When Do You Need Umbrella Insurance?
If you're like many people, you don't give too much thought to your insurance coverage unless or until you need to make or defend against a claim. Unfortunately, this results in far too many people inadvertently under-insuring themselves against damage or loss. To avoid this unpleasant discovery, it's often a good idea to invest in an umbrella insurance policy that can protect against a wide range of potential claims. Read on to learn more about umbrella insurance policies and what you should consider when deciding on one.
What is an Umbrella Insurance Policy?
An umbrella insurance policy, as the name implies, provides you with a broad "umbrella" of coverage for losses under your auto, homeowner's, and personal liability policies. Some types of umbrella insurance even protect businesses and sole proprietors against employment discrimination lawsuits, slip-and-fall lawsuits, and other types of legal claims.
For example, if your auto insurance policy carries a $100,000 liability limit, while your homeowner's insurance policy has a $50,000 limit, taking out an umbrella insurance policy with a $1 million limit will provide you with up to $1 million in coverage for claims under your auto and homeowner's insurance policies. If someone files a claim against you for $500,000 after an auto accident and your insurers decide to settle the claim, your auto insurance policy will pay out up to its $100,000 limit and your umbrella policy will step in to provide the rest.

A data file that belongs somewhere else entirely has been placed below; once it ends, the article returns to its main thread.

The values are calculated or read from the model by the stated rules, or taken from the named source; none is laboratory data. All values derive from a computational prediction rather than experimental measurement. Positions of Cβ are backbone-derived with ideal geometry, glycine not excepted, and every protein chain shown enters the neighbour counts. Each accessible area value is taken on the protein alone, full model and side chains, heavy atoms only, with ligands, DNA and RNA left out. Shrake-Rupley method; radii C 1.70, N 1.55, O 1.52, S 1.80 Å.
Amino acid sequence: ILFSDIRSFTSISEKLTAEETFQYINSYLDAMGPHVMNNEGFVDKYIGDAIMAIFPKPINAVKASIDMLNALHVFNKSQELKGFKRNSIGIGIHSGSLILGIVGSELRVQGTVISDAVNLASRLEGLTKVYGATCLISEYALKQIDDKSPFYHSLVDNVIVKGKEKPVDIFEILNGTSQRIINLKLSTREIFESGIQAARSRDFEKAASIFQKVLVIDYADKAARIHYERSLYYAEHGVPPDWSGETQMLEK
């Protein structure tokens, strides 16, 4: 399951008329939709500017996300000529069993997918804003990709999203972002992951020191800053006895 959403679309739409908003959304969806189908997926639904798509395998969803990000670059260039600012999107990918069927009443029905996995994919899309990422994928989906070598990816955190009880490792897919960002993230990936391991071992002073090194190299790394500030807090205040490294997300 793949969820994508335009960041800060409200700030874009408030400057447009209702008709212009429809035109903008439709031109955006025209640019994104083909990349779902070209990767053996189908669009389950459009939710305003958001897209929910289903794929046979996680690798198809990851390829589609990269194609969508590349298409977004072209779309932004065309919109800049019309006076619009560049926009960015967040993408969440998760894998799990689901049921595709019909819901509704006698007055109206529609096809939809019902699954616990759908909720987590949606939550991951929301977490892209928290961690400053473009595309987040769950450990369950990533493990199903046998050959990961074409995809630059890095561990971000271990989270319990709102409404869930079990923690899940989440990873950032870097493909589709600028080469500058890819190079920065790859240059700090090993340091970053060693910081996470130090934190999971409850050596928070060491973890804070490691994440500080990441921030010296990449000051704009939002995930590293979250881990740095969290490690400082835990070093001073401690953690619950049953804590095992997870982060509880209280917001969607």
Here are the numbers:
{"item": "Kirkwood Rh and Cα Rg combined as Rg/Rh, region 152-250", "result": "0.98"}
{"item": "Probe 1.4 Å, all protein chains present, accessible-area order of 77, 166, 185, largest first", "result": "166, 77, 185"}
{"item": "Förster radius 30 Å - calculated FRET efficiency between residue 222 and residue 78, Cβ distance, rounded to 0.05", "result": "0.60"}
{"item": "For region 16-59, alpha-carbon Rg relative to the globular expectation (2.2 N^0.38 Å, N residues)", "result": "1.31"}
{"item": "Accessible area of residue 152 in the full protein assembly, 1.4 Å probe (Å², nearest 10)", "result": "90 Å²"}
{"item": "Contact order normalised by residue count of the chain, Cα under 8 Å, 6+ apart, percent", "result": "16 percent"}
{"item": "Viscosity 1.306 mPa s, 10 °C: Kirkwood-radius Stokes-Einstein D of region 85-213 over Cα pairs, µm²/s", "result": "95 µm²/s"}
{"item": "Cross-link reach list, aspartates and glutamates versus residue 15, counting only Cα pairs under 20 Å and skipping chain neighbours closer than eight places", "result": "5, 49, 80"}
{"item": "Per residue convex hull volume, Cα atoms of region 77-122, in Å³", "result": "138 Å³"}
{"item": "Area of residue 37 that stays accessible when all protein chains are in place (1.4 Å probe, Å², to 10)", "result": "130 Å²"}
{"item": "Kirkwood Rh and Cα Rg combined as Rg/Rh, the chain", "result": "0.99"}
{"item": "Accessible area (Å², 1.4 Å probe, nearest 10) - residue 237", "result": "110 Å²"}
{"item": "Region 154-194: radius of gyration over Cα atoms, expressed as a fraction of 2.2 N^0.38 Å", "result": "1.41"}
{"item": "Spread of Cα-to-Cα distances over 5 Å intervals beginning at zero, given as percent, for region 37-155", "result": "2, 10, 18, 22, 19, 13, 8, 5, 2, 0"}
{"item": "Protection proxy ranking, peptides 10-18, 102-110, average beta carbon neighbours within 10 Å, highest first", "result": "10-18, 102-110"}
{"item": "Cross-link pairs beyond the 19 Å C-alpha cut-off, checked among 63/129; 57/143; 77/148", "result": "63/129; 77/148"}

Because an umbrella insurance policy covers only what your primary insurance policies don't, you'll usually be required to "max out" your underlying policies before you can qualify for umbrella insurance. This means that you aren't usually able to stick to the most meager possible levels of auto and homeowner's insurance while expecting the umbrella coverage to fill in the gaps—at least not without paying a much larger premium.
Who Needs an Umbrella Insurance Policy?
Umbrella insurance policies are ideal for those who have assets that exceed their insurance limits. For example, if you have a net worth of $500,000 and your auto insurance policy only pays out $100,000 per accident, someone who is injured in an accident and accrues bills in excess of this $100,000 limit may choose to sue you. If this happens and you're deemed at fault, you could be on the hook for your own legal fees and any judgment the plaintiff can obtain against you.
And this doesn't just apply to those with large net worths. If a plaintiff obtains a civil judgment against you, such a judgment can be collected from future assets. This means that if you're expecting an inheritance in the future, win the lottery, or begin earning a much larger income, the plaintiff will be able to collect his or her award from these funds, even if they weren't available when the judgment was first entered. Umbrella insurance can protect both your current and future assets.
An umbrella insurance policy carries a maximum liability limit that is far higher than you'll find with most other types of insurance policies. This can provide you with peace of mind that, no matter what happens, you won't be personally liable (and your assets won't be subject to judgment).
Some people believe that having an umbrella insurance policy can make you a more attractive "defendant"—that is, that someone who has a claim against you may be less likely to settle (and more likely to pursue it in court) if they perceive you as having "deep pockets" thanks to your insurance policy. However, there's little actual data to support this school of thought; furthermore, defendants with assets are also perceived as having "deep pockets," so it's usually better to err on the side of insuring against these losses.
To learn more about umbrella insurance policies and whether you should get one, contact services such as Bear River Insurance.